There's more to Google AdWords than just those ads you see in the search results. This is where it all began for the search giant, but in the last seventeen years, we've seen more and more new features and weapons added to the AdWords arsenal. Are you taking advantage of them to get in front of your target audience?
If you're a Gmail user, you'll be familiar with these ads that show up at the top of your inbox. They appear as an email and can be expanded to show your advert as text, images or a video. You simply pay when your ad is expanded.
With Gmail Ads, you can target people based on keywords, interests, demographics and topics as well as using your existing email data to target previous customers and hot prospects.
Probably one of the least popular types of ads on the internet at the moment - those video ads you have to sit through before you can watch the video you wanted to watch. YouTube Ads, however, are a great way to get your message out in front of people who are interested in what you have to offer.
You can target videos and channels of similar or complementary services, advertise to people who are in the market for a particular product or get in front of your target audience based on demographics and location.
The great thing about YouTube Ads is that you only pay when someone watches at least 30 seconds of your video (or the whole thing if it's less than 30 seconds). This means you don't pay if someone clicks 'Skip Ad'.
Mobile App Ads
As part of Google's Display Network, mobile apps provide another platform to advertise your product. You can target specific types of mobile apps that you know your target audience are likely to download.
Ads are shown as banners (often on free-to-download apps) on screen when users are using the app.
Display Ads with Remarketing
Google's Display Network is made up of millions of third party websites that display Google's ads in return for a share of the click revenue. These can be independent blogs, forums, directories, even big sites like LinkedIn display Google Ads and form part of the Display Network.
Whilst these types of ads tend to get a lower click through rate than search ads, they provide a more visual platform to advertise your product on. They are also great for remarketing campaigns where you can target people who have been on your website previously.
Remarketing campaigns often have higher conversion rates as the audience is already familiar with your brand and what you can offer. By using remarketing combined with Display Ads, you're creating a visual reminder to people who have shown an initial interest but have yet to buy.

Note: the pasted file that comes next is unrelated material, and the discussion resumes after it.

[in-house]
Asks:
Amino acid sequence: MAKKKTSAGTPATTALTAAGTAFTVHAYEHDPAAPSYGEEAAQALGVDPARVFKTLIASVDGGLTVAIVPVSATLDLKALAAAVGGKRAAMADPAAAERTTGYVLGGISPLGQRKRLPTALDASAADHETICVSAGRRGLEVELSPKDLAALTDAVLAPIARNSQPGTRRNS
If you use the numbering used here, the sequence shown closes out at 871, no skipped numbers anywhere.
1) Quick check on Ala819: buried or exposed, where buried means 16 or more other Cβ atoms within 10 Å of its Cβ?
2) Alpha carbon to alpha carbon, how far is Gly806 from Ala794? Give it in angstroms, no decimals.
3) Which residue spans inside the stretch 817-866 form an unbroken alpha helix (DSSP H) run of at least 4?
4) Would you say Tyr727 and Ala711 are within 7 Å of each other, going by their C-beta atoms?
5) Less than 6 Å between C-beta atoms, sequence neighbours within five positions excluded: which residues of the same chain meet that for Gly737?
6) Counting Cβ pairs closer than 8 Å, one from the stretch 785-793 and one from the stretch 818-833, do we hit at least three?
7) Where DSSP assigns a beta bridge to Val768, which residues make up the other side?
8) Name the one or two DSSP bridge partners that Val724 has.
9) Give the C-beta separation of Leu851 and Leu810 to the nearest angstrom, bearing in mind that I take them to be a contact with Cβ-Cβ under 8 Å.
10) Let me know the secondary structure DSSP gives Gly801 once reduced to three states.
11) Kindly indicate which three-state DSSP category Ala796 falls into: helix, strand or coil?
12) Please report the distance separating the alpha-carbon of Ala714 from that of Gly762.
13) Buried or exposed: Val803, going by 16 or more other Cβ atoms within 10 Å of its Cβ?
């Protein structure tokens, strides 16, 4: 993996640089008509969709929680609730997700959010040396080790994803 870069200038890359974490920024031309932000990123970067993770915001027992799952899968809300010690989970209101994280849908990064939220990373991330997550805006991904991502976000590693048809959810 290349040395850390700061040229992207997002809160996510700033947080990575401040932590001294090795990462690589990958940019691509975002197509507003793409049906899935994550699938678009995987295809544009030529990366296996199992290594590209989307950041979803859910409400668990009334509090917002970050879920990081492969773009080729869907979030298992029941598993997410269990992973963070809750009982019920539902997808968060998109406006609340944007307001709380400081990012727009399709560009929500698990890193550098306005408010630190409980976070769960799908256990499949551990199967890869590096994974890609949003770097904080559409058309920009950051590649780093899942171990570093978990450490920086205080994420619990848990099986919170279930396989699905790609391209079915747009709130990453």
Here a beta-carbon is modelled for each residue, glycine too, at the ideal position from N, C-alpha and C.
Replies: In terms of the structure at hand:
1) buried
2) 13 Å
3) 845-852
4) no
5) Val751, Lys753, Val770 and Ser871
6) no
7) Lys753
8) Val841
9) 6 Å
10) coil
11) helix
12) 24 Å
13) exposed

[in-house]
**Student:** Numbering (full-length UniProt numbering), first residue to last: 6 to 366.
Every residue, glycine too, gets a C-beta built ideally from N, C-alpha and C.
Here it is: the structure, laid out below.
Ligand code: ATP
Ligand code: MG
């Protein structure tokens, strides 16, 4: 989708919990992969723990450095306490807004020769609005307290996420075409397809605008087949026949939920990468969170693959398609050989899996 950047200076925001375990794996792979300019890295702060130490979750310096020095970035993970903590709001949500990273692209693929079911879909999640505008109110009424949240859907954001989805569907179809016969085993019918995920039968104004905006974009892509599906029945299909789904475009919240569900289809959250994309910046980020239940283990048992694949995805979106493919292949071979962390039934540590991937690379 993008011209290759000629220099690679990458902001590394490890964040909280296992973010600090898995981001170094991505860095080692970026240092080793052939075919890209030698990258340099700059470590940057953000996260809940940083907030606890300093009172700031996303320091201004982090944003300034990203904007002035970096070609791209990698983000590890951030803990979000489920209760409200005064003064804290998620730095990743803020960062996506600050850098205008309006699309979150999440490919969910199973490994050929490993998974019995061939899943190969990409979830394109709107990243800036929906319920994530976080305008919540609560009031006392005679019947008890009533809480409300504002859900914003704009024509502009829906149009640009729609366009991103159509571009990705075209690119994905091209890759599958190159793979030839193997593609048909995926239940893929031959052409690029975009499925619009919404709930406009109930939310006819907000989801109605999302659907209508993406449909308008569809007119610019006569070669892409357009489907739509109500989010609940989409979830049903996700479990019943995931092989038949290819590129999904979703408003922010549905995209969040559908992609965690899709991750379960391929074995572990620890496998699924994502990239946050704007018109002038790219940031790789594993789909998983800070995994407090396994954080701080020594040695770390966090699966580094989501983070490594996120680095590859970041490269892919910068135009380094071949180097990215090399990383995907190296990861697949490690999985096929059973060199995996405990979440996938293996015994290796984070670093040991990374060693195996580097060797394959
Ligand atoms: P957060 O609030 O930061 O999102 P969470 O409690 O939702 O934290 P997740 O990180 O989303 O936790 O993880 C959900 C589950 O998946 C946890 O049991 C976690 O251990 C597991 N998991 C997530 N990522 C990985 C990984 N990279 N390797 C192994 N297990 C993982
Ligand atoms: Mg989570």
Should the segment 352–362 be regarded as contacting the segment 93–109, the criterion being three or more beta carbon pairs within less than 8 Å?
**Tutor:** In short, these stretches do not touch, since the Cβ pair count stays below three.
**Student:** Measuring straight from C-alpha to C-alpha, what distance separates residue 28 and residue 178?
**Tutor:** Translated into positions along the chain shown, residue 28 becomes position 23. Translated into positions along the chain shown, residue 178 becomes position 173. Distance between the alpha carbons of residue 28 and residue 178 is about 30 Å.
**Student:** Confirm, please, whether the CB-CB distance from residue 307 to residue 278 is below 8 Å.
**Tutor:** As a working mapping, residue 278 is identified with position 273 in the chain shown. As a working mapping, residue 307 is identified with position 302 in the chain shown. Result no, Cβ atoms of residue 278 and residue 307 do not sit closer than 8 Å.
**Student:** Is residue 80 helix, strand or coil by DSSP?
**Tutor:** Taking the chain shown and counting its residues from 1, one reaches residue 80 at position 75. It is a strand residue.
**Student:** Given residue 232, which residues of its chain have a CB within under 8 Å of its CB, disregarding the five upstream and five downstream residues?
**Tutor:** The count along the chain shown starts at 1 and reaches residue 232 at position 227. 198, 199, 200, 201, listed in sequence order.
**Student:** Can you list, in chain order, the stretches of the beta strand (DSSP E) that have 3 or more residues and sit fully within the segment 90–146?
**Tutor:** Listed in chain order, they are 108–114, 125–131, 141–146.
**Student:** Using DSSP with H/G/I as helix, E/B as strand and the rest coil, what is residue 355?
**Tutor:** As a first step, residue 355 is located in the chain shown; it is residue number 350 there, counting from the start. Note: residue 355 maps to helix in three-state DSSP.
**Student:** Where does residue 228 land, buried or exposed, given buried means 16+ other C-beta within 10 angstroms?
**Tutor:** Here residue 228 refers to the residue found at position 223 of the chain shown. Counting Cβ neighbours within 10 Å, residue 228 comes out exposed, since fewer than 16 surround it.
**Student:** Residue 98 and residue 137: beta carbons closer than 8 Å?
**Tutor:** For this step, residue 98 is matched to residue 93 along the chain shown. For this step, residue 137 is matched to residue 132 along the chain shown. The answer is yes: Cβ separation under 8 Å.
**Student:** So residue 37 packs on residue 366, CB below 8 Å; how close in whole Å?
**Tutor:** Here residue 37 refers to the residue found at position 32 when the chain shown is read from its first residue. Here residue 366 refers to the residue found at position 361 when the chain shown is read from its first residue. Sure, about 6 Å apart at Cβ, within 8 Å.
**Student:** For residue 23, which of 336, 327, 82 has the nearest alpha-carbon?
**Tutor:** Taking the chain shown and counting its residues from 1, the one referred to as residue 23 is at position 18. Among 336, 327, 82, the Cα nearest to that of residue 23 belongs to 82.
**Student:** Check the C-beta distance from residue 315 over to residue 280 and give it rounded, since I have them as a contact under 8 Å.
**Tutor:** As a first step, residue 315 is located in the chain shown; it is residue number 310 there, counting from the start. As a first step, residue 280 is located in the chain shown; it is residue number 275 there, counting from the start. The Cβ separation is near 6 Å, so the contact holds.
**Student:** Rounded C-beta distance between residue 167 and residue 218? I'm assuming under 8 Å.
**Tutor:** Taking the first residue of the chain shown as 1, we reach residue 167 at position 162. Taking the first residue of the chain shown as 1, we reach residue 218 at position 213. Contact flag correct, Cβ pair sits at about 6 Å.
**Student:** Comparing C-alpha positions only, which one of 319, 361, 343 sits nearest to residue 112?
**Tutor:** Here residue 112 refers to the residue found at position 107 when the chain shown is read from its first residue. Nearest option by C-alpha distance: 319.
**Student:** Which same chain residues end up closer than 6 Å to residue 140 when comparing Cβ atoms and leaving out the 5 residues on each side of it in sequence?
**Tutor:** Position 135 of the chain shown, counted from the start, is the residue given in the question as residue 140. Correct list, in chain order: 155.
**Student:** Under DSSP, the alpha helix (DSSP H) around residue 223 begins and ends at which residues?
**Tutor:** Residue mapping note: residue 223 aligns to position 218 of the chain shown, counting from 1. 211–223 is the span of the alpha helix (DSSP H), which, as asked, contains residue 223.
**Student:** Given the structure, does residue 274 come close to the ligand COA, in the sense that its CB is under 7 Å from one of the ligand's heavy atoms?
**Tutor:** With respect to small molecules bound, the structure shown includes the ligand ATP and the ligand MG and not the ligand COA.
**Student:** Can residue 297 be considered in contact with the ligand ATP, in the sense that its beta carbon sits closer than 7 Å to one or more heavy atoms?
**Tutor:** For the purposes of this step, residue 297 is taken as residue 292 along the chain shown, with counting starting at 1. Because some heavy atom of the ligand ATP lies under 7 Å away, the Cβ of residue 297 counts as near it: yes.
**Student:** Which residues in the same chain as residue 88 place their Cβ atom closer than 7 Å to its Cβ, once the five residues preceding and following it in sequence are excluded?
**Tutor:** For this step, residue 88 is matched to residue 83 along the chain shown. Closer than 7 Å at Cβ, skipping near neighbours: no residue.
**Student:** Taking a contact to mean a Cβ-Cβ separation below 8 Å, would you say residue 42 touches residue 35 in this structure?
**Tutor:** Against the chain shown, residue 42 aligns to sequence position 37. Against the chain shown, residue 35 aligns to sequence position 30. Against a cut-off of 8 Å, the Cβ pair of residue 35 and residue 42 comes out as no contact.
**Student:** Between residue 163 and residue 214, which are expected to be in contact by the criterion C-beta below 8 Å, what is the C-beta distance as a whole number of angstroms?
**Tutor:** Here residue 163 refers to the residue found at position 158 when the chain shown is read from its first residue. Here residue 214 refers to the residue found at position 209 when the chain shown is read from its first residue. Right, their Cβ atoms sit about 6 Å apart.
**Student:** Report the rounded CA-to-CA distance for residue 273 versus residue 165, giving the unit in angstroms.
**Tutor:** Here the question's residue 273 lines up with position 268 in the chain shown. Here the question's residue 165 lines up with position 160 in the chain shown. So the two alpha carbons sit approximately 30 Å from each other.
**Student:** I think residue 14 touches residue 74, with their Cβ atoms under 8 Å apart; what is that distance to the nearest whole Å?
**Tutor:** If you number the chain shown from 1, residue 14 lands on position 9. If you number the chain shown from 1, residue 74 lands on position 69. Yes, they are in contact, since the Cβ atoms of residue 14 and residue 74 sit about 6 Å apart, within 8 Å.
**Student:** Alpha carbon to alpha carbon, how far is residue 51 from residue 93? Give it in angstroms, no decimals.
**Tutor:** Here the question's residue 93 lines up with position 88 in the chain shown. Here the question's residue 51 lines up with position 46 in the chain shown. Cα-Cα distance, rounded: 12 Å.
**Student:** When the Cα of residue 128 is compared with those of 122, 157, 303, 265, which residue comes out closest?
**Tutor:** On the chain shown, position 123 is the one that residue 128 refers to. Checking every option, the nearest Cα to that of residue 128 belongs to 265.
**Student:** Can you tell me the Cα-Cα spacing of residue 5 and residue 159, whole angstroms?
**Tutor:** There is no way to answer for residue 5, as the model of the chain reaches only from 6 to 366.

Using your existing database of customers and prospects, you can target these people specifically with Google AdWords. If you have a warm list of people you know are more likely to buy from you, why wouldn't you target them with your advertising?
Customer match also allows you to find similar audiences to those you already know. Customer match can be used alongside Gmail Ads, YouTube Ads as well as search ads.
One of my favourite AdWords features is Google Shopping. Those ads that show up at the top of the search results displaying products along with images and pricing. These little gems are run through the AdWords platform (with a little help from Google Merchant Center) and are a must-have advertising tool for any e-commerce website out there.
What makes Shopping ads really great is that the searcher can see the product and the price before they click through so you're almost pre-qualifying them as potential customers before you pay for the click.
Google AdWords has come along way since the first search ads of 2000 were launched with just 350 advertisers. It's not something you can ignore if you do business online and want to drive quality, qualified traffic to your website.
As a Google Partner, it's our job to keep up with the latest developments and make sure we're getting our clients out there in front of as many people as possible. If you'd like to explore the opportunities of what Google AdWords has to offer, feel free to get in touch.